Tuesday, April 5, 2011

Return to Sender Window Treatment Tutorial + Freebie

So now that you saw the window treatment, its time to reveal how I did it. The most exciting bit was that it cost me a total of $1 in supplies I didn't already have laying around the house.

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First off its a faux roman shade - it doesn't go up and down - perfect for my needs since privacy and light is not an issue in here. I thought about what I wanted in here for a long time - solid was too boring, a geometric print was too mod, a floral print was too fussy. So then it hit me, why not take my love of vintage ephemera and do something more whimsical up there? If you are wondering, you can very easily sew this if you are even a tiny bit comfy with a machine. I just didn't have any matching thread so I decided to glue.

Materials & Tools: drop cloth fabric, fabric glue, a strip of wood, t-shirt transfer paper, iron, printer, staple gun, scissors, hammer, measuring tape, nails, tacks

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Step 1: I started at my desk and did a layout of a vintage letter on my computer until I was happy with how it would look. Lucky for you, I've done that part for you - you can just download the images you'll need at the bottom of this post.

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Step 2: Print out all the elements on t-shirt vinyl paper and cut to size.

Step 3: Cut your drop cloth fabric to the width of the window plus 4 inches and about 2/3 the length of the window (the length doesn't need to be exact since you'll be folding it up)

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Step 4: Fold over the ends of the fabric and iron away until you get a nice clean hem. Its a good idea to measure along the way to make sure you've ended up with the right width.

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Step 5: Glue a bead of fabric glue under each hem. While drying, layout tshirt transfers as you'd like them to appear.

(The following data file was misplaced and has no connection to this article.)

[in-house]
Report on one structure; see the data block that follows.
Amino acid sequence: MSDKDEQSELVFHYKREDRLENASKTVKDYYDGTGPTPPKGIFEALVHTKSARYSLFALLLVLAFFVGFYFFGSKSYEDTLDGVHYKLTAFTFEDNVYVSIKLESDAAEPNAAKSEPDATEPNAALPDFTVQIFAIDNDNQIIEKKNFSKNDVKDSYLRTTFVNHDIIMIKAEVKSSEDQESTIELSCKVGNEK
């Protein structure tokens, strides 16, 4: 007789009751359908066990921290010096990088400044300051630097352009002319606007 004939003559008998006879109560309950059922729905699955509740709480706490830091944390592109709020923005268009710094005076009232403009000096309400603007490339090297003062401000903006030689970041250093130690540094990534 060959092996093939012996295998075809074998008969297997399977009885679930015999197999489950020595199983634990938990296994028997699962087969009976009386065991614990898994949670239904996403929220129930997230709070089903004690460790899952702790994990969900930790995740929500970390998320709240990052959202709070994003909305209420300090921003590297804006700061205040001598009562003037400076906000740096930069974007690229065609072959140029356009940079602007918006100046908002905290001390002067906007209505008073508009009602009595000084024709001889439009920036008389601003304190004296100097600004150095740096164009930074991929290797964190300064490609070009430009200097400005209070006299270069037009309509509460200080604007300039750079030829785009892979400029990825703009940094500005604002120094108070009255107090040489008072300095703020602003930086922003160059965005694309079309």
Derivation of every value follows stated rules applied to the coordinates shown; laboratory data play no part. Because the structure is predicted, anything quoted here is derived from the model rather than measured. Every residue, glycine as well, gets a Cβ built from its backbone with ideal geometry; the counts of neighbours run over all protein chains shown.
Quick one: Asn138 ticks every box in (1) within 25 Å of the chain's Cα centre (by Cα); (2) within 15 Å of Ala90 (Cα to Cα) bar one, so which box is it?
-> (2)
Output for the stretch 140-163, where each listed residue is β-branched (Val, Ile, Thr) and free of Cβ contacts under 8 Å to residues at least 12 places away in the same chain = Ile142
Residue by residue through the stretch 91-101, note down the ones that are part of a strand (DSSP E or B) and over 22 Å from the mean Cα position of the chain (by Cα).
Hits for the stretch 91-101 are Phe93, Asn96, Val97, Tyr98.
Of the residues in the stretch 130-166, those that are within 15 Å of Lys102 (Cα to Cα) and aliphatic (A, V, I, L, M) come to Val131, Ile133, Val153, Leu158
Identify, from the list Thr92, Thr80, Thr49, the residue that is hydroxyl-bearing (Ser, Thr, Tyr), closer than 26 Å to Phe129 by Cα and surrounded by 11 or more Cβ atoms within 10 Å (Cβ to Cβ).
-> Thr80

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Step 6: Iron on transfers one by one. Perfection is not necessary. Tip: If you remove the transfer while its still extremely hot, you'll get a more distressed result. If you allow it to cool for just a few seconds, you'll get a clean transfer. I used the distressed techique for some and the clean technique for others.

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Step 7: Wrap the short end of the fabric around the stick and staple in place.

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Step 8: Play around with the folds until you are happy with the arrangement and length of the treatment.

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Step 9: Stitch or tack the folds into place. I did both but its not necessary if your fabric is not as heavy.

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Step 10: Nail or screw into the top of your window. Voila. Success!

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Its not perfect. I used a pen to mark the transfers - completely unnecessary and impossible to get the marks off. (Word to the wise: don't do that!) I also need to add some skinny dowels to the inside of folds to get them to hang a bit straighter but I didn't have those on hand. That said, I don't mind the imperfections much. Its the little bit of fun it that this space needed.

Ready to make your own? { Download the images here }